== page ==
Written by Brenden Fletcher
Art by Annie Wu
Colours by Lee Loughridge
Letters by Steve Wands
Edited by Dave Wielgosz, Chris Conroy, and Mark Doyle
Published by DC Comics
Reinventing beloved characters is a difficult task to pull off but with the formerly dubbed New 52 universe, the landscape is all the more flexible to work with. The problem with the reboot back in 2011 was that it didn’t reinvent the characters in a variety of ways but the precursors to the DC YOU movement have proved that reinventing can go beyond shiny, new redesigns and modernized backstories. By now, Gotham Academy and Batgirl co-writer Brenden Fletcher should be very familiar with this “new” direction that DC’s taking, being that he is one of the pioneers, and it definitely shows here in this issue. Black Canary #1 goes above and beyond to prove that reinvention can be an amazing experience.
Following the events of Brenden Fletcher, Cameron Stewart, and Babs Tarr’s first Batgirl arc, Dinah “DD” Lance is now the mysterious new frontman for the Black Canary band and they’re on the road across the country so Dinah can pay her debts and get back on her feet. For those of you die-hard Black Canary fans, this new direction could be a hit or miss for you. Truthfully, I was a little scared about the idea of Black Canary being the lead singer of a band on tour but given the creative team, I had complete trust that it would be a wild ride and an amazing read.
This first issue, titled “The Most Dangerous Band in America,“ is framed by a Burnside concert review (Burnside Tofu: the sine for people with the right kind of taste) and very practically sets up Dinah’s world as the public perceives it. As the review states, “DD” is a mysterious figure who starts more fights than encores and it’s creating a lot of tension in the band. The band members don’t know much more about Dinah’s past than the public does and Dinah herself is struggling about whether or not going on tour was the right idea. Much like Fletcher and Stewart did with Batgirl, this issue addresses the concerns that some fans may have with Dinah’s seemingly out-of-character choice. At the heart of it all, Dinah is still a hero and regardless of the changes to her character, this issue highlights that above all.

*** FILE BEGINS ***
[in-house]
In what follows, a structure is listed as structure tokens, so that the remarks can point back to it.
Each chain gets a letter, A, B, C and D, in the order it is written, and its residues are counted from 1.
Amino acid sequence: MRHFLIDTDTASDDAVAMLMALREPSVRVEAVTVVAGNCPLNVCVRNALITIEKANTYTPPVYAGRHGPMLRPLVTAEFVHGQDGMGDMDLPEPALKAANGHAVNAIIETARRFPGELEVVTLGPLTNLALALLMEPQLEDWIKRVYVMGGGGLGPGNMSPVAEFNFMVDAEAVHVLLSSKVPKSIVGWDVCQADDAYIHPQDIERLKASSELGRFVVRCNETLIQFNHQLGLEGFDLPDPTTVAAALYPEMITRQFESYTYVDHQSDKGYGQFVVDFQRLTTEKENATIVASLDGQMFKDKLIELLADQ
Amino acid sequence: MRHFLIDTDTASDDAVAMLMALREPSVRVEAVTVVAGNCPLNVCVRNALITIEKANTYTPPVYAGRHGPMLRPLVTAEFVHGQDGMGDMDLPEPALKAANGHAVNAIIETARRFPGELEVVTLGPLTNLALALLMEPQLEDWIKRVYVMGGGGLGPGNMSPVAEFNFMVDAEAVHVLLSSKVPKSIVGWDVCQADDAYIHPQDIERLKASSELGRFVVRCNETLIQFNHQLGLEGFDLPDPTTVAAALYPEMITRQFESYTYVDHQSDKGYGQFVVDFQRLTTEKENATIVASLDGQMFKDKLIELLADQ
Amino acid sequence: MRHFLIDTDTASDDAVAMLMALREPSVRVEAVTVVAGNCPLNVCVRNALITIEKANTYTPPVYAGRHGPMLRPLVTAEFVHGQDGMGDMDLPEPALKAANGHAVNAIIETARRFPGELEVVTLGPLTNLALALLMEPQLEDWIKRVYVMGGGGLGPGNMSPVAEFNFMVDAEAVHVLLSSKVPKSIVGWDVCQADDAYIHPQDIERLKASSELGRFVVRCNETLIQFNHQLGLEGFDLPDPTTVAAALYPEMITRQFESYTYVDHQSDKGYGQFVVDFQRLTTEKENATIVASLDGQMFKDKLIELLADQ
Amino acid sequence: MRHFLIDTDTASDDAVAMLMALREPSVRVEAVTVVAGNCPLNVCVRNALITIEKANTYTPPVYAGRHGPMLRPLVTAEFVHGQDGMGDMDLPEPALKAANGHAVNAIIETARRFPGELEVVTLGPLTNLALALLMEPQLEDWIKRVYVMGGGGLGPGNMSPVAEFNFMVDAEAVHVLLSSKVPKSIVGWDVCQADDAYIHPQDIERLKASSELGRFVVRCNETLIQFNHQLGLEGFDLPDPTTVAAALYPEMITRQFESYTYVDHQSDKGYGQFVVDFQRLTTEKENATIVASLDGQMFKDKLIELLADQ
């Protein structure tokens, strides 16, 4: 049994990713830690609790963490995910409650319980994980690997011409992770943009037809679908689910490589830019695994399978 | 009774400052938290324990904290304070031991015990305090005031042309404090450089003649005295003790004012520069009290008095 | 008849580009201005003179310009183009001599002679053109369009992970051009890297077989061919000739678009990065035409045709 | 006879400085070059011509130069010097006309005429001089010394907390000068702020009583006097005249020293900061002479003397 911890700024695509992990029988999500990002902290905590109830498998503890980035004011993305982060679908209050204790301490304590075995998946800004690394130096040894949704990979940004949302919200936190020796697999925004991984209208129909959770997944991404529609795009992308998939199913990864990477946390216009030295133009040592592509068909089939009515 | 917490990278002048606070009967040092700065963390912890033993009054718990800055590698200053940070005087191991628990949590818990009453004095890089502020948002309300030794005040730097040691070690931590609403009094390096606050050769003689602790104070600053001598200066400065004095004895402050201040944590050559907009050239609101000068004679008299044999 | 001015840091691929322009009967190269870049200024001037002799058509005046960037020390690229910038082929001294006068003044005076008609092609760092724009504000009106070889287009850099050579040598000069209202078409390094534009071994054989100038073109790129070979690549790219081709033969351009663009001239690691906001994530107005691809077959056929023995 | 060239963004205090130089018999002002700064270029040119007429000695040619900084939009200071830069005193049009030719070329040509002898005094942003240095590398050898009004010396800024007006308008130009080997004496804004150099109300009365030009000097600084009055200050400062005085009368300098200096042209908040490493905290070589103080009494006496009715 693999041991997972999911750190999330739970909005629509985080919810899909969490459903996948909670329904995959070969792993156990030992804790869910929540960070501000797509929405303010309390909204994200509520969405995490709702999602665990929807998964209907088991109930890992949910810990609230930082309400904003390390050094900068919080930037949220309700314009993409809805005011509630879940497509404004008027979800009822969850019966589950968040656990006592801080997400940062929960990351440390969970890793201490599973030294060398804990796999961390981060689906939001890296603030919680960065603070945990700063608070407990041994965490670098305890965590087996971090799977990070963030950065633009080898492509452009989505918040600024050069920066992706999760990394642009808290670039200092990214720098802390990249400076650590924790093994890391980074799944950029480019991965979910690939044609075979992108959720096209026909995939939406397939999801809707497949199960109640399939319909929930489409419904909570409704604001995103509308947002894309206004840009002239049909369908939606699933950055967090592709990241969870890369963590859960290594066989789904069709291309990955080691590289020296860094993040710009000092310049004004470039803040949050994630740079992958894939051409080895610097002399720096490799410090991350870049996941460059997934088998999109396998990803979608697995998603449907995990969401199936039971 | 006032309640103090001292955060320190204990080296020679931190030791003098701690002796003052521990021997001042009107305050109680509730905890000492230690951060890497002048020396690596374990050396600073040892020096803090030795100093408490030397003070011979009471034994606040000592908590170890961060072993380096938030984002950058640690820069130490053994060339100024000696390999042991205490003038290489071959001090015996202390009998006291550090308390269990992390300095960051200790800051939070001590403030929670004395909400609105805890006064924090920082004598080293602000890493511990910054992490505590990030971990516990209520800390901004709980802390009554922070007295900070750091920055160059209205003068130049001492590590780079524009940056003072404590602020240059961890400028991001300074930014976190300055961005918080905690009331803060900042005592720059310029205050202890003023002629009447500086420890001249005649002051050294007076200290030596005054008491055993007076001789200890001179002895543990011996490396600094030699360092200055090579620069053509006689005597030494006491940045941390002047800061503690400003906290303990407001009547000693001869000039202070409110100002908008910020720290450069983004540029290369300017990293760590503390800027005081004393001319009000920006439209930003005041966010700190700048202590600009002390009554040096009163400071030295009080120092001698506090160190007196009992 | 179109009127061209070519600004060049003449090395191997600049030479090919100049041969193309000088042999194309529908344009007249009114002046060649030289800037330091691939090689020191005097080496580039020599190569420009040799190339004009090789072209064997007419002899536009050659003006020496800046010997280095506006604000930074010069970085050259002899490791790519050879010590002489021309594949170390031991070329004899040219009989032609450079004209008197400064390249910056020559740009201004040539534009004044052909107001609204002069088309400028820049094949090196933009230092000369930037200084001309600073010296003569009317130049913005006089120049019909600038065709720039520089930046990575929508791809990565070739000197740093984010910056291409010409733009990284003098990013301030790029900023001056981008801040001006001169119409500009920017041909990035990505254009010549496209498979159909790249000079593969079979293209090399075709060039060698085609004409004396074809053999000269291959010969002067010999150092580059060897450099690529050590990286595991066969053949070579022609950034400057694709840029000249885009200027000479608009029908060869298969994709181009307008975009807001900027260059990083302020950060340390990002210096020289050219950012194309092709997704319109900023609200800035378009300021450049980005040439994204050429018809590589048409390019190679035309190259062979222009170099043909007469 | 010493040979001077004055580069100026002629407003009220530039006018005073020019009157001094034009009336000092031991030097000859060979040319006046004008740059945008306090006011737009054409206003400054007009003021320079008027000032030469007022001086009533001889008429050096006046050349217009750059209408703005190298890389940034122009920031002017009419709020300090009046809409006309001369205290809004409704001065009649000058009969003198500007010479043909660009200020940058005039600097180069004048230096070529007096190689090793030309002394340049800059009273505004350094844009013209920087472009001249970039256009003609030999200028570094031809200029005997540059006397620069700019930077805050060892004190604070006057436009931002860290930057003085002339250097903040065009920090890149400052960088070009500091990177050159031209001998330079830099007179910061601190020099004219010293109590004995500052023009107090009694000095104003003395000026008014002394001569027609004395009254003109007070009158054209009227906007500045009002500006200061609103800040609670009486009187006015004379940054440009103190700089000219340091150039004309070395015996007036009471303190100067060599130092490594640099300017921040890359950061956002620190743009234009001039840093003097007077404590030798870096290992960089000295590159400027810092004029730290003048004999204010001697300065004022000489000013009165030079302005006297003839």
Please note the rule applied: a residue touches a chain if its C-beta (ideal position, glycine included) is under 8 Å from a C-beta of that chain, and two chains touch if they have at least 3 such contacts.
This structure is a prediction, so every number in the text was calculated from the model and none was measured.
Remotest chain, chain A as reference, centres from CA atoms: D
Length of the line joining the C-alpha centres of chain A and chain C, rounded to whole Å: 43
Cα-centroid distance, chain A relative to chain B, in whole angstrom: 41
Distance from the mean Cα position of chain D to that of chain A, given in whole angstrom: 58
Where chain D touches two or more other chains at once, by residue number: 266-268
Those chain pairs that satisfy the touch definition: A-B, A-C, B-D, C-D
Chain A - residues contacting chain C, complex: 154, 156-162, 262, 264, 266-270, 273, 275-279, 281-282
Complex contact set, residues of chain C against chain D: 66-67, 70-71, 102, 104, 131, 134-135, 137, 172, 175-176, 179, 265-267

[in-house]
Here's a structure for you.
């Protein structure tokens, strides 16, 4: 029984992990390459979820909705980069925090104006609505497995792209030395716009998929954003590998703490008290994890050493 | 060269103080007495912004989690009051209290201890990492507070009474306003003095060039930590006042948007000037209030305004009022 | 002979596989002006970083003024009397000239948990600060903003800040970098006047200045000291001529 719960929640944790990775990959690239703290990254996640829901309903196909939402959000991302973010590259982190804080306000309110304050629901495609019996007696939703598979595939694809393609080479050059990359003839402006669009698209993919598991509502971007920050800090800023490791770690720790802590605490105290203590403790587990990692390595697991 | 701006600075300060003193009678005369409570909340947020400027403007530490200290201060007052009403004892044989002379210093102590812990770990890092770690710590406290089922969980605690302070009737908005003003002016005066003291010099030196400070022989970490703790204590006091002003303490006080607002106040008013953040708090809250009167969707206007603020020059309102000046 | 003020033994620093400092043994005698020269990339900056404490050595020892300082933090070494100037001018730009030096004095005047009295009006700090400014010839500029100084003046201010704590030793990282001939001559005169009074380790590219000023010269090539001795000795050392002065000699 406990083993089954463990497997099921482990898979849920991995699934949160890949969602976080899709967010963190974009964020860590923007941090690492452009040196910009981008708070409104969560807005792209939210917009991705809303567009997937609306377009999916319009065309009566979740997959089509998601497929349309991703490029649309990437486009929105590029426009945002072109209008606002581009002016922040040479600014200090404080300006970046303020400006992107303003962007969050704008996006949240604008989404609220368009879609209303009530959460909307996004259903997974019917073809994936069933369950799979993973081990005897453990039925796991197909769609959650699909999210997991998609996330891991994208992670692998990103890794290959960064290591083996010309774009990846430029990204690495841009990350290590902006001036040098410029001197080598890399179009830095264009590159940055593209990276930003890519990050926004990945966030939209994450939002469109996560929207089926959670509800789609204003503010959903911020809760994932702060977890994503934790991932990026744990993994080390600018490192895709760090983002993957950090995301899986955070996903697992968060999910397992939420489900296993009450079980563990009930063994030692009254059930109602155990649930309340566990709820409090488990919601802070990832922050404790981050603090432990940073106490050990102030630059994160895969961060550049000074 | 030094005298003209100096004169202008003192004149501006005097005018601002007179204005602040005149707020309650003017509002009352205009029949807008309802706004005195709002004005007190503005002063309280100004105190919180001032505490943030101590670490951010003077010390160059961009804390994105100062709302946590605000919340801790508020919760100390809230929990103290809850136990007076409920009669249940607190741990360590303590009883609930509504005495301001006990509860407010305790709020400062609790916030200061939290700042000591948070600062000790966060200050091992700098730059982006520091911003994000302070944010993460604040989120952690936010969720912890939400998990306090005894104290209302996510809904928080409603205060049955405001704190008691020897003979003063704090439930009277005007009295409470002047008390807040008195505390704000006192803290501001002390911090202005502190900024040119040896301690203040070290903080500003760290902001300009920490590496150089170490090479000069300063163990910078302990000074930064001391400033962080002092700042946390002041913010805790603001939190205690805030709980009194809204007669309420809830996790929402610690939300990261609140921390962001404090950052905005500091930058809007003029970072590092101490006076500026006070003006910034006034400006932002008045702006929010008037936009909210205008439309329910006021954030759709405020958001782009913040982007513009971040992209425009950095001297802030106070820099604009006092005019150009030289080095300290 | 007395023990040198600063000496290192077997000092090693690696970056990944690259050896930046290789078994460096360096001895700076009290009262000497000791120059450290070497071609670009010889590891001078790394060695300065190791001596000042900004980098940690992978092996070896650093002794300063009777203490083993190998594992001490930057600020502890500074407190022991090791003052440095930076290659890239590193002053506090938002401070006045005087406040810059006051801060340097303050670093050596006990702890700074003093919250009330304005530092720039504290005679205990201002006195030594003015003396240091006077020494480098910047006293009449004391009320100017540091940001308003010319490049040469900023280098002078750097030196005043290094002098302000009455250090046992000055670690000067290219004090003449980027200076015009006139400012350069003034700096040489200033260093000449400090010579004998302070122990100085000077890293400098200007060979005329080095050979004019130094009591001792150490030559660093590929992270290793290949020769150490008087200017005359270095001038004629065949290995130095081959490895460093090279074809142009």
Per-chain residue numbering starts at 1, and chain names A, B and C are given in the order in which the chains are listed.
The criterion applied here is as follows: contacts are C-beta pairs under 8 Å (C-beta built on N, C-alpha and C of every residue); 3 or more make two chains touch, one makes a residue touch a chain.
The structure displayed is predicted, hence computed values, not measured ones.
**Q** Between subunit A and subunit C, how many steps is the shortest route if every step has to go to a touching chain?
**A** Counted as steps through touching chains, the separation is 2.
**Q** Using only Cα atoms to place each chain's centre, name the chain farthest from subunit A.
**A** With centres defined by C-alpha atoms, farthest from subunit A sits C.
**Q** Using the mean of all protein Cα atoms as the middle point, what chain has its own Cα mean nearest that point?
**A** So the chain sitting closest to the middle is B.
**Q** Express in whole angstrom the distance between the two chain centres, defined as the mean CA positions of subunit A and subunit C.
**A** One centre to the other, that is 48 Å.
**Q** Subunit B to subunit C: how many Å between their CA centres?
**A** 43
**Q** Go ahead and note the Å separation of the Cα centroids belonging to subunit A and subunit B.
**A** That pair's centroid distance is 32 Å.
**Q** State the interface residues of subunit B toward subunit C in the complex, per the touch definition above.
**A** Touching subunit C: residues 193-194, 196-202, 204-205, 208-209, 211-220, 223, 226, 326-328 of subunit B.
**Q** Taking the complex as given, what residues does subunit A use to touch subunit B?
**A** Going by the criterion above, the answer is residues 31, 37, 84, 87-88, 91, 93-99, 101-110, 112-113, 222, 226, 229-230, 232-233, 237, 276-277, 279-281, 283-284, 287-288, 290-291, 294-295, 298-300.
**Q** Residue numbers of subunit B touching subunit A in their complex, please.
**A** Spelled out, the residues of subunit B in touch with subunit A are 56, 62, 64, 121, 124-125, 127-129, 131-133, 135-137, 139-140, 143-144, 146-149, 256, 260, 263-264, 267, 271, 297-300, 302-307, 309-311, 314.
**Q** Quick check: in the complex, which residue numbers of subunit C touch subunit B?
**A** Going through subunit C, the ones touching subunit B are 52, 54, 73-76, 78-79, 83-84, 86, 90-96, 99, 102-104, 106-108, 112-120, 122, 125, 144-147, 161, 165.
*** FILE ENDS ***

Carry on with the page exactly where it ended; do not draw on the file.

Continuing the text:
Annie Wu’s art is absolutely spectacular and there is nobody better suited to colour Black Canary than Lee Loughridge. Wu’s lines are rough and evocative, making Dinah’s presence on stage dramatic and the fight scenes more pronounced. My one critique about the art would the one panel at the end of the half-page ad spread, which has two characters heads talking to each other. It took me out of the story but that could also be because of the Nick Lachey/Twix ad right underneath.
Verdict: BUY. This is a spectacular and unique reintroduction to Black Canary. I’m a big fan of the direction this series is taking, despite some initial concerns. Considering the context, it makes sense for Dinah to be in this position and given that the Black Canary many longtime fans knew and loved has gone through many changes in the New 52, it’s good to take in this series with an open mind. Although Dinah is now the lead singer of a band and she’s on tour with them, she’s still a hero and this first chapter of her journey does well to remind us of that. Reinvention can be a scary risk but Black Canary proves that risks can be rewarding and reinvigorating as well.